Stuntmen Enrico Schoeman and AndrŽ de Kock successfully speed through a 103-metre-long tunnel of fire on their Kawasaki-powered Australian Sidecar, 10 August 2012, in Vaalwater game festival, Limpopo, in their attempt to set a new Guiness World Record. The pair braved temperatures reaching more than 900 degrees celsius, melting plastic parts of their helmets and causing blistering of their skin. The two sustained no major injuries in their effort. Picture: Michel Bega

One of the world's riskiest records has been taken by two South Africans.

On Friday evening (10 August) photographer Enrico Schoeman (55) and motorsport journalist Andre de Kock (58) rode their Kawasaki-powered Australian sidecar through a fire tunnel of 103.9 metres on the main road between Vaalwater and Ellisras in Limpopo, which was closed for the occasion.

The previous record for riding a motorcycle through a fire tunnel was set by Indian Superbike rider Shabir Ahluwalia in Mumbai, India, on 13 March 2011at 68.49 metres.

De Kock said: “We've been obsessed with this fire-tunnel project for the last two years, always saying that we would stop when we reached 100 metres. Now we've done it, and I'm stopping while I'm still walking upright.”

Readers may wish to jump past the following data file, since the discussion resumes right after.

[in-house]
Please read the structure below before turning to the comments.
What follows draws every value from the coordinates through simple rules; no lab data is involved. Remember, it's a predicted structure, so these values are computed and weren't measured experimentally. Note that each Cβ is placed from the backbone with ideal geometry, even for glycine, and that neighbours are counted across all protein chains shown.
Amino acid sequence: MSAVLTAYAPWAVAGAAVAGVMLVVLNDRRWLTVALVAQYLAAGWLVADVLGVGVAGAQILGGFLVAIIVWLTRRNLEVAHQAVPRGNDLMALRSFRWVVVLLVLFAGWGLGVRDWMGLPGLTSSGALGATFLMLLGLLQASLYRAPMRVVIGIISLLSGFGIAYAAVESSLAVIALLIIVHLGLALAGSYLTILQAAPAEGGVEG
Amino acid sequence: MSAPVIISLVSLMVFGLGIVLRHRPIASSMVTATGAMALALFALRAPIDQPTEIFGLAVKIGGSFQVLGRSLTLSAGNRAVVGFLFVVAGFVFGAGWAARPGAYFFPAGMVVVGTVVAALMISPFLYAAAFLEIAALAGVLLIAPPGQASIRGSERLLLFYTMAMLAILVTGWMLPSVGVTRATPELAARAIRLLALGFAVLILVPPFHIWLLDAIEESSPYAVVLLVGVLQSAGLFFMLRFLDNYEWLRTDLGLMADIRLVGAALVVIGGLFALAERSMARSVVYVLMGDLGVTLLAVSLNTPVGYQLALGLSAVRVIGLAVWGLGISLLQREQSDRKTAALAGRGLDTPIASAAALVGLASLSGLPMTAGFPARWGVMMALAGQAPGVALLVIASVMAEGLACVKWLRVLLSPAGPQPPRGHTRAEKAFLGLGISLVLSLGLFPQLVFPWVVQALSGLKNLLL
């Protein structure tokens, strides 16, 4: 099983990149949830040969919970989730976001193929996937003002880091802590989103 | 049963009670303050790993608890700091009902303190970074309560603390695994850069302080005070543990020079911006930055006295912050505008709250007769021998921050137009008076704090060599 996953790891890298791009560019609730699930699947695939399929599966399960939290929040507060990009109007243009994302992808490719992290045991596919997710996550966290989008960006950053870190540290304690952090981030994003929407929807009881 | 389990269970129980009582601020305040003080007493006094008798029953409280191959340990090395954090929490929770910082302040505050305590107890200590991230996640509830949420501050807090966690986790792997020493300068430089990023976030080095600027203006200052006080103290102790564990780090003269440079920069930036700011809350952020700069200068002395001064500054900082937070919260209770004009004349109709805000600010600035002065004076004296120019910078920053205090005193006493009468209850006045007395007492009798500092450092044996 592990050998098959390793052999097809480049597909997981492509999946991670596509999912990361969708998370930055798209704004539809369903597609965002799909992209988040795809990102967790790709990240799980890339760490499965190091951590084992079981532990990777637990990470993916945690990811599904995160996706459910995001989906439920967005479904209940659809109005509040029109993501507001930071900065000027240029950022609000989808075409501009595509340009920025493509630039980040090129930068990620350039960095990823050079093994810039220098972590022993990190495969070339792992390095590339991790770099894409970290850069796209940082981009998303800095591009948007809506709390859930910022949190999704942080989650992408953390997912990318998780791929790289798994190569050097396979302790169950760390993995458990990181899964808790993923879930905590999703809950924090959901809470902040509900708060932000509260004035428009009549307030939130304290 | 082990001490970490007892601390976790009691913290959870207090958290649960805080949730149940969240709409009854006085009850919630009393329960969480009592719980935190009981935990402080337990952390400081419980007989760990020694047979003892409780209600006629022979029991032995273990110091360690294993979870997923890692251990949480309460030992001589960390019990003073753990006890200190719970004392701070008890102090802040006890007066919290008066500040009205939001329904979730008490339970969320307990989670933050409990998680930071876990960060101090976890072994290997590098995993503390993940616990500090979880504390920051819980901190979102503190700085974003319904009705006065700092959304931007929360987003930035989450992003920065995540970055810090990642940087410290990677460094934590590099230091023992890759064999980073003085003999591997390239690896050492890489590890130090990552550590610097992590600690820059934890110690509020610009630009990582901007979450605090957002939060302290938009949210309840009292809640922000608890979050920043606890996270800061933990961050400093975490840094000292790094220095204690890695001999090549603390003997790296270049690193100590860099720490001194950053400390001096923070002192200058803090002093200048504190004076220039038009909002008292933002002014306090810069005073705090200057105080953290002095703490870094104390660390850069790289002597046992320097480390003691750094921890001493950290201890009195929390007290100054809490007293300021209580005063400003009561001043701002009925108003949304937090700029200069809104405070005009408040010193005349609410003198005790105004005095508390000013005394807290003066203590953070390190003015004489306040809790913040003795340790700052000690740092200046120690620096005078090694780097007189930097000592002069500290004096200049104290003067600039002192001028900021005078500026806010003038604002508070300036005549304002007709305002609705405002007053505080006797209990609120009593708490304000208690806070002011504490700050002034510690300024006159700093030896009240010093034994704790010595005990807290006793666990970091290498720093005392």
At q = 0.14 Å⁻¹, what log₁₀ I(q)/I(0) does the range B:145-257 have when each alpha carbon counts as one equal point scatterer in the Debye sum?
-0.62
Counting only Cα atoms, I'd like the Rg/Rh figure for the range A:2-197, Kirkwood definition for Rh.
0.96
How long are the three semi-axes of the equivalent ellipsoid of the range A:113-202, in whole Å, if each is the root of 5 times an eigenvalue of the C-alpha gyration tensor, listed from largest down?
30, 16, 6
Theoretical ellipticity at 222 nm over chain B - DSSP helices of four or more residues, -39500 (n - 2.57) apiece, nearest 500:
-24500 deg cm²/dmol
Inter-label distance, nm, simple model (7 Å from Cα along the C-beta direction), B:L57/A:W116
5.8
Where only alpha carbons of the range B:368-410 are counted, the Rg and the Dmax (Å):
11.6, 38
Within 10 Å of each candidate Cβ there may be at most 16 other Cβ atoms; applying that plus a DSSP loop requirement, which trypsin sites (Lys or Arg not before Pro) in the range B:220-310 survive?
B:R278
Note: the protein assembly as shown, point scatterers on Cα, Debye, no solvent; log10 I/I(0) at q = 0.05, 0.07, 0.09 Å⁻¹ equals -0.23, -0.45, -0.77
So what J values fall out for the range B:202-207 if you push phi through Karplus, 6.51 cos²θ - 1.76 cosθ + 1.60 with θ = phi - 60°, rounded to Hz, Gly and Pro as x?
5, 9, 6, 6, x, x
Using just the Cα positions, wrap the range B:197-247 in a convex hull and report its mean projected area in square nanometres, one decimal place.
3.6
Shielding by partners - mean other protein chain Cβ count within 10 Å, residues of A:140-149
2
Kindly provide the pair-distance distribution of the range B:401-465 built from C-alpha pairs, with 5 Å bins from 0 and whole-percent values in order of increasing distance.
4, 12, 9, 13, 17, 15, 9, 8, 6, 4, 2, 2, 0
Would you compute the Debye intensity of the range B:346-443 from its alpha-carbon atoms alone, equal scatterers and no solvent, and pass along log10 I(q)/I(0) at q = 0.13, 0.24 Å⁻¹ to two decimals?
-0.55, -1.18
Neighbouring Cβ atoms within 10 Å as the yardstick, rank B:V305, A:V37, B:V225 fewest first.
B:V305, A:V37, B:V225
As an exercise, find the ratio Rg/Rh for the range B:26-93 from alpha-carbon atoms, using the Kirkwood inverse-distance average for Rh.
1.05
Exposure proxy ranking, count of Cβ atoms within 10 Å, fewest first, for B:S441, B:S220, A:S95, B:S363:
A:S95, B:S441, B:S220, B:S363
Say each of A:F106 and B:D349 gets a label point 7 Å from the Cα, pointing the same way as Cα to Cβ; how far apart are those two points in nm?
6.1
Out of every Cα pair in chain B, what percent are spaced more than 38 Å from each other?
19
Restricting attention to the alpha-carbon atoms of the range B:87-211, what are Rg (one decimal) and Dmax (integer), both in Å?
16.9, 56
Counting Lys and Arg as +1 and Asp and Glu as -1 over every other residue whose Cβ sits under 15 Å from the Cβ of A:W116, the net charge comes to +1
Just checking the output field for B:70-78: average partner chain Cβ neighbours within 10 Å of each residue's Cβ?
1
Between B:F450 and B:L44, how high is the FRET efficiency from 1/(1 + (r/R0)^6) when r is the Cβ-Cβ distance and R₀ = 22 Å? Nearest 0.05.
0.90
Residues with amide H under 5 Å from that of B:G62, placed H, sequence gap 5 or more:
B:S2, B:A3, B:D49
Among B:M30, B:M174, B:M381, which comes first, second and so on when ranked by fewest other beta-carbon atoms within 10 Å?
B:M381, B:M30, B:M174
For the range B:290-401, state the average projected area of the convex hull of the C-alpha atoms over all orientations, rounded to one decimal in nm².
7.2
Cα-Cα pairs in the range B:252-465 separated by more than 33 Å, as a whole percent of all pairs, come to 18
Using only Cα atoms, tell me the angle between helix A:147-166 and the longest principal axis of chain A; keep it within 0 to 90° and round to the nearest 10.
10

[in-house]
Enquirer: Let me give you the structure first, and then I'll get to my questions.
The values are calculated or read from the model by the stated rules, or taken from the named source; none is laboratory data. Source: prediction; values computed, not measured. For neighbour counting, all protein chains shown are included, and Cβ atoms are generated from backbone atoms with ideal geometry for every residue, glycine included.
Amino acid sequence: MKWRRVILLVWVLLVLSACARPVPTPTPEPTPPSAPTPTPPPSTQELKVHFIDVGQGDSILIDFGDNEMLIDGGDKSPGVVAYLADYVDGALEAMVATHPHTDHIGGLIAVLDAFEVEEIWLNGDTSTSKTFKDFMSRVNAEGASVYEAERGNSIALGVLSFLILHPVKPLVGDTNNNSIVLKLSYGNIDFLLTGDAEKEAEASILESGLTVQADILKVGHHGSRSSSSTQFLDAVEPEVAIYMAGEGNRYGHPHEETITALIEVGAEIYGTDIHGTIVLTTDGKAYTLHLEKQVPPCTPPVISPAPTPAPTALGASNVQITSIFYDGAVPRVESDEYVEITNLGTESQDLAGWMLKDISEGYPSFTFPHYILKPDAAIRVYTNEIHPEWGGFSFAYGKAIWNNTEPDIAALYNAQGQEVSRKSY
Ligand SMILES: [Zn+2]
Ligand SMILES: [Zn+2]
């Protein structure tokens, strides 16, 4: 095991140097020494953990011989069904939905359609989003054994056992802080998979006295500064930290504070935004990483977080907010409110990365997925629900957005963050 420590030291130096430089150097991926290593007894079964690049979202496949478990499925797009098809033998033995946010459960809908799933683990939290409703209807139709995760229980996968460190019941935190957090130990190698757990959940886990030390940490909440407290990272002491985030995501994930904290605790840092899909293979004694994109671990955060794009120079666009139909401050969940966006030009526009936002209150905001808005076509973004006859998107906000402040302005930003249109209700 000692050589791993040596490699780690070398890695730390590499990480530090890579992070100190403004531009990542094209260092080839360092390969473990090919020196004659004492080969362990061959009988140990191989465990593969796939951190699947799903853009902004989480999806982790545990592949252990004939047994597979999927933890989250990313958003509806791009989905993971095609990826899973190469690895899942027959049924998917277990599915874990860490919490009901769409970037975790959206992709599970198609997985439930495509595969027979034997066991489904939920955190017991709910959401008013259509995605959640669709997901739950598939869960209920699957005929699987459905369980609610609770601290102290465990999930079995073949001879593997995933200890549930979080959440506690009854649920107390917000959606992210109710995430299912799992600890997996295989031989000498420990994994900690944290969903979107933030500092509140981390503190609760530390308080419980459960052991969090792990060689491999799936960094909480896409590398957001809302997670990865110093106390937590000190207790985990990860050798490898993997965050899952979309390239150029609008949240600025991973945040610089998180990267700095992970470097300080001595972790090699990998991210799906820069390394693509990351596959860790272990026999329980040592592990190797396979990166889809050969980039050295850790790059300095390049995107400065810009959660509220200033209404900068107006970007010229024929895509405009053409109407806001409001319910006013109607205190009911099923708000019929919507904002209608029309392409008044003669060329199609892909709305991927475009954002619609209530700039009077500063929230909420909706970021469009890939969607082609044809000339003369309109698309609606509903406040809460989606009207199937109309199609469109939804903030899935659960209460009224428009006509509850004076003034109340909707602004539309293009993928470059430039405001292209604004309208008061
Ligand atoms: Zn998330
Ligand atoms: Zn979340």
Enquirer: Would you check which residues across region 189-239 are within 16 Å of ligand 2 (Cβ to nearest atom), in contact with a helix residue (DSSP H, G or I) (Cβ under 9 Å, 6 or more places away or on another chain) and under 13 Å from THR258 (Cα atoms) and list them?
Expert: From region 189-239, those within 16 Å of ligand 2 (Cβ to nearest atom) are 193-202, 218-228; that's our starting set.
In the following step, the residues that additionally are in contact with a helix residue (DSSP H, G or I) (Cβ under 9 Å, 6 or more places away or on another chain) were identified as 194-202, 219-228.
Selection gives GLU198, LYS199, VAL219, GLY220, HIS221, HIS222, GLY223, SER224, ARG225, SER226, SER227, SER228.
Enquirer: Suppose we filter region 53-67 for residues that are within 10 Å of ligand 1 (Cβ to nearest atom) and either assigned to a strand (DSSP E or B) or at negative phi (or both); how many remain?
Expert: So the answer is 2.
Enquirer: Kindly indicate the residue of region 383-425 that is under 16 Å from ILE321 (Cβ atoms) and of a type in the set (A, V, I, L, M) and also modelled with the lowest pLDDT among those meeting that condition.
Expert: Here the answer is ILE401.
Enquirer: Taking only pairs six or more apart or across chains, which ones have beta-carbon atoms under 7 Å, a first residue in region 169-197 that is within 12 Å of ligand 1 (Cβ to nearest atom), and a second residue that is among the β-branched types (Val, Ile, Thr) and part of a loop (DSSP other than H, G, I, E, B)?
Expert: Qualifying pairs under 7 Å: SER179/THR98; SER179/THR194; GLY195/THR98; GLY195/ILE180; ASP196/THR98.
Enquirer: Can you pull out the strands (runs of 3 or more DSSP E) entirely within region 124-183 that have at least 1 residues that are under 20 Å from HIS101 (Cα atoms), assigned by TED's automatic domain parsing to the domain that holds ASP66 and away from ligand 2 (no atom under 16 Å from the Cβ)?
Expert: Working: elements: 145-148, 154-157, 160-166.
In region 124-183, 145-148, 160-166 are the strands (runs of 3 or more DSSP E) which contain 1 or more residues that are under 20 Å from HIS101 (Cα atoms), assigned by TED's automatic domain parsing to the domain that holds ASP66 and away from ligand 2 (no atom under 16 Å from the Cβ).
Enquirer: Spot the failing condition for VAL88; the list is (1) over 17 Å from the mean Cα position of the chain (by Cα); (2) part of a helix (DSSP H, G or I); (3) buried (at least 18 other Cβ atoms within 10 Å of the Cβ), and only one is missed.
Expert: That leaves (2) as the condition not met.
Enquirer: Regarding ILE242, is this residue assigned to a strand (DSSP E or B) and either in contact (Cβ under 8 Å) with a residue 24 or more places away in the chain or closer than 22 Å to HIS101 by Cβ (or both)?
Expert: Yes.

The 104-metre fire tunnel was constructed from square steel tubing, draped in several layers of cardboard. It was doused in diesel and petrol and set on fire by a series of pyrotechnic explosions. Once it was properly alight, Schoeman and De Kock rode through the ensuing inferno.

Both riders and their machine caught fire in the process.

Schoeman said: “Before we were halfway, I could feel I was burning, while the motorcycle was on fire, full scale.

“Ï just kept the throttle open, aiming in the direction where I could last see the white line on the road.

“I could see absolutely nothing but flames, and I hoped like hell we were pointing in the right direction,”

“As we finally exited, the night sky was the most beautiful thing I'd ever seen,” he added.

Both riders suffered slight burns, while the plastic trim on their crash helmets melted.

Proof of the record will be submitted to the Guinness Book of World Records in London this week. for official ratification.